Opportunistic Pats; Hall of Fame dilemma
The New England Patriots might just be the most opportunistic, resourceful group ever to reach the Super Bowl. That may or may not be enough to beat the Chicago Bears Sunday, but you have to admire the way coach Raymond Berry has drilled his players, not only on how to cause fumbles, but on how to recover them as well.
Anyone who thought this sort of thing couldn't be taught must not have noticed the Patriots' ball-hawking feats in their three playoff victories. They caused and capitalized on opponent errors at a striking, more-than-coincidental rate. In all, they came up with 16 turnovers (including both fumble recoveries and intercepted passes) and converted them either directly or indirectly into a raft of points.
The Patriots claim there's nothing unique about how they strip the ball. They're just jolting tacklers with a heightened awareness of going for the ball, especially when the ballcarrier can't see them coming. It should be noted, however, that linebacker Andre Tippett has a black belt in karate, and it's probably not too far fetched to think his arm and hand quickness have inspired his fellow defenders.
As for recovering fumbles, Berry has elevated that to a science. So that every player, on both offense and defense, gets accustomed to the football in his hands, each member of the team is given a ball in practice. In addition, all players are drilled on the proper technique for smothering a loose football. Many players instinctively pounce on fumbles, only to bounce off. The proper method, the Patriots have shown, is to come in more from the side.
The takeaways don't mean much, of course, unless New England can minimize its own turnovers. And rest assured, Berry preaches that. As a college player, he felt he cost Southern Methodist a Cotton Bowl berth in his senior year with a late-game fumble. He consequently dedicated himself to being sure-fingered as a pro, losing the ball only once during a 13-year career, and that on a pass he argues should have been ruled incomplete. Hall of Fame field crowded with candidates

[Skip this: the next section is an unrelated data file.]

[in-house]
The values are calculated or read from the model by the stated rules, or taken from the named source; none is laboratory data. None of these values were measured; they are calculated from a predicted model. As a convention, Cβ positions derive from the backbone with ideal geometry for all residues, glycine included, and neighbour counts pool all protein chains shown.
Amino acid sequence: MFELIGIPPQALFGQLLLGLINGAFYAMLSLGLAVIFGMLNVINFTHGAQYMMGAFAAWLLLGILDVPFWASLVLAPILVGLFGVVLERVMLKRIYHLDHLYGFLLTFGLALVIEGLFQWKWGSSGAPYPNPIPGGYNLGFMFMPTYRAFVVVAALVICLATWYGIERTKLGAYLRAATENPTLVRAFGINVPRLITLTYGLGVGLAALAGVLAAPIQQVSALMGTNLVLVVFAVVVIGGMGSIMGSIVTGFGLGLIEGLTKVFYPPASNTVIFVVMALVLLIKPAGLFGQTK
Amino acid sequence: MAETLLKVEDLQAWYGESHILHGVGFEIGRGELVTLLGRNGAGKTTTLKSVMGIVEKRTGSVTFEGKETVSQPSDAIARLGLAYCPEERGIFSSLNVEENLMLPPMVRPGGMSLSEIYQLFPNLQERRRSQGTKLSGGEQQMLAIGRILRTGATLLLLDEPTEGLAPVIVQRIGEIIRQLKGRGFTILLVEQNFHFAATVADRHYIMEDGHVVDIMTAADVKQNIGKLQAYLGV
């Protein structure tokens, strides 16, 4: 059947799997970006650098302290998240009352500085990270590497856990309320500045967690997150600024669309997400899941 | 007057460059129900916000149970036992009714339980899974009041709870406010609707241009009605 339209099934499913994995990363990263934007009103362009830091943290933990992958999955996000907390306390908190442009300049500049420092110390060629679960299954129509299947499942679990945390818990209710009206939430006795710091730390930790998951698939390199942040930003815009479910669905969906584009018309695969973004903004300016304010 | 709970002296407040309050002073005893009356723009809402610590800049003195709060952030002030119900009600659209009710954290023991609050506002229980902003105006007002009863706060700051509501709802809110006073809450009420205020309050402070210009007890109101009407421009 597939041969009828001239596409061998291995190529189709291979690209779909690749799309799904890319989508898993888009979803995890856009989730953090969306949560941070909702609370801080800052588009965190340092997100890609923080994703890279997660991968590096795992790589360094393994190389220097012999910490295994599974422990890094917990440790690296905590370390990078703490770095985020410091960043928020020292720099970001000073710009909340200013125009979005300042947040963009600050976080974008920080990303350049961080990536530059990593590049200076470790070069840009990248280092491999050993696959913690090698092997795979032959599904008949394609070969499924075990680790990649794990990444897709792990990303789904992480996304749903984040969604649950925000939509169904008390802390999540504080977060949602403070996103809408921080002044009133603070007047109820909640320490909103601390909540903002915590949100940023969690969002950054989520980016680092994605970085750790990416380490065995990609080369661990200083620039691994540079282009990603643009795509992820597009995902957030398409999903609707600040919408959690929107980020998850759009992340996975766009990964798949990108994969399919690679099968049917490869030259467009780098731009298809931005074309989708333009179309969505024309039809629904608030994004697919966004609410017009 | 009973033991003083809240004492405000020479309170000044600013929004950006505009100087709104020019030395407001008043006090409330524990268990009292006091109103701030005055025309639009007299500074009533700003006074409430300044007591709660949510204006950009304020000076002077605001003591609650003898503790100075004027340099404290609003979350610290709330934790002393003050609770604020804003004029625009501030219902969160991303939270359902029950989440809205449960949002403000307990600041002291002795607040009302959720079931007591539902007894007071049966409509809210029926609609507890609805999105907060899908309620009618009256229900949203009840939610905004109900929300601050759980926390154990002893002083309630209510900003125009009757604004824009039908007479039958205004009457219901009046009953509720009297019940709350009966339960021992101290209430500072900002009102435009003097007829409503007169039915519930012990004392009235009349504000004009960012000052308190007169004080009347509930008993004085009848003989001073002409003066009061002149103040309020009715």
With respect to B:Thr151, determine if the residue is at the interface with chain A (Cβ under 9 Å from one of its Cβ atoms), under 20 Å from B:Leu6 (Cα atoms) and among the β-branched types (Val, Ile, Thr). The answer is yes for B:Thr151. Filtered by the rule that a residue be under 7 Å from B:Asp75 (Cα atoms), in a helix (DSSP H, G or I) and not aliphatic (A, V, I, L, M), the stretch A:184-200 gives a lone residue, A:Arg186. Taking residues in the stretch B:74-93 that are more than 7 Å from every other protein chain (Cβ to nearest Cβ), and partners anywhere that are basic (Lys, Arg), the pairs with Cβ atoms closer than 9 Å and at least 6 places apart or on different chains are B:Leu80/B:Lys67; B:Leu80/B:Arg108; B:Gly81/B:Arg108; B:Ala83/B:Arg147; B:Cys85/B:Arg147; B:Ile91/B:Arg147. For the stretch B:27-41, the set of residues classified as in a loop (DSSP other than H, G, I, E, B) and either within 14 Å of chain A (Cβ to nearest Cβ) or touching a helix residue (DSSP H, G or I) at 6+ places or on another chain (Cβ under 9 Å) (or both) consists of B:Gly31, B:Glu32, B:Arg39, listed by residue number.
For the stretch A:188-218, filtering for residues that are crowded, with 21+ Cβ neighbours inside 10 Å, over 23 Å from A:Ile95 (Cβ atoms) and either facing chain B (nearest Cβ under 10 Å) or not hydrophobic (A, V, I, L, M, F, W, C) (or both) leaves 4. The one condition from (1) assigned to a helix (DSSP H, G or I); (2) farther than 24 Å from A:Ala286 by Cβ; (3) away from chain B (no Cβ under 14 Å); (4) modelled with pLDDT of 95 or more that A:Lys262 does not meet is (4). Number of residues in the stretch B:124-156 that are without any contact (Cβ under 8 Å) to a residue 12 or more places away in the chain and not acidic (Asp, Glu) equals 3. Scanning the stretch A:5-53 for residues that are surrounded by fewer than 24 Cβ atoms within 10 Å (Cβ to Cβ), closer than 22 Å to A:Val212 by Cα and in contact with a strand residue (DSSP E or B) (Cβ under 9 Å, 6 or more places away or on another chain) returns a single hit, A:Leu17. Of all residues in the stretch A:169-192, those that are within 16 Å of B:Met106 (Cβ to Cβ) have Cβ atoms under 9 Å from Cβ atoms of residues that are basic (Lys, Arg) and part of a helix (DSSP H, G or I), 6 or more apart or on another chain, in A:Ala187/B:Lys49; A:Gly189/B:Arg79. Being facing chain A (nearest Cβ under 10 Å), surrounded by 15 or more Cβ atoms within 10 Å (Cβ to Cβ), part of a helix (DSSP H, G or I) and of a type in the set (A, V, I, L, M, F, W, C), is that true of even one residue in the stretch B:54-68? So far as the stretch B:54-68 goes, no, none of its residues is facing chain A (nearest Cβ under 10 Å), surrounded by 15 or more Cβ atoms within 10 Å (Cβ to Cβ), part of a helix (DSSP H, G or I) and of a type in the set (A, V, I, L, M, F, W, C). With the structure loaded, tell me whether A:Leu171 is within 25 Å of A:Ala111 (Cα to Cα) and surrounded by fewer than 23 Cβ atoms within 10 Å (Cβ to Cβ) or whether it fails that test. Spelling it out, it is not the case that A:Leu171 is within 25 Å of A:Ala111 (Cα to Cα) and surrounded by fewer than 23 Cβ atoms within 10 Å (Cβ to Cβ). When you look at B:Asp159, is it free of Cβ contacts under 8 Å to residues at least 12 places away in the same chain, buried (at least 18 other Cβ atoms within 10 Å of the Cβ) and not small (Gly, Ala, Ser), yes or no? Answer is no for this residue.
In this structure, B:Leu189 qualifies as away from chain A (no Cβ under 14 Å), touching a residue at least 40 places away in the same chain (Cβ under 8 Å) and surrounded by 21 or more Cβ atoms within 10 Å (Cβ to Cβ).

The newest members of the Pro Football Hall of Fame will be announced Saturday. The 29 selectors certainly have their work cut out for them in choosing a maximum of seven electees from a list of 15 finalists, including several former Super Bowl MVPs (Miami fullback Larry Csonka, Oakland wide receiver Fred Biletnikoff, and Kansas City quarterback Len Dawson).
Two players who have previously failed to receive the majority of votes needed for enshrinement, yet remain prominent candidates, are Fran Tarkenton and Paul Hornung. Tarkenton quarterbacked the Minnesota Vikings to three Super Bowls, but some feel his team's 0-3 record in the big game has been a hindrance. Hornung, the ``Golden Boy'' of the Green Bay Packers' backfield, led the league in scoring three straight years, yet a gambling suspension still dogs his reputation.
The most controversial candidate is easily Al Davis, the highly successful managing general partner of the Los Angeles Raiders and a former AFL commissioner, who has been been nominated as a contributor. Davis, of course, has been a thorn in the NFL establishment's side, and moved the Raiders to L.A. from Oakland in defiance of the league.
The remaining finalists are quarterback Bob Griese, defensive backs Ken Houston and Johnny Robinson, running backs John Henry Johnson and Doak Walker, linebacker Willie Lanier, guards Larry Little and Tom Mack, and wide receiver Don Maynard. Super Bowl-related tidbits
This year's Super Bowl halftime show will be as extravagant as ever. In an unusual logistical wrinkle, gigantic shades will be installed over the Superdome's existing lighting banks so that the regular illumination doesn't interfere with special theatrical lighting. The houselights could be turned off, but only at the risk of a potentially blacked-out second half.
The Chicago Bears are making their first Super Bowl appearance, but not their first in an indoor championship contest. That occurred in 1932, long before the Superdome or any similar stadium existed. The game with the Portsmouth (Ohio) Spartans was to be played in Chicago's Wrigley Field. Because of bitterly cold temperatures and heavy snow, it was moved to Chicago Stadium, where a makeshift field was outlined on a dirt floor left by the circus. The field, called a ``Tom Thumb gridiron'' by one newspaper, was only 80 yards long. The Bears won 9-0, with the game's lone touchdown scored on a 2-yard pass from Bronco Nagurski to Red Grange.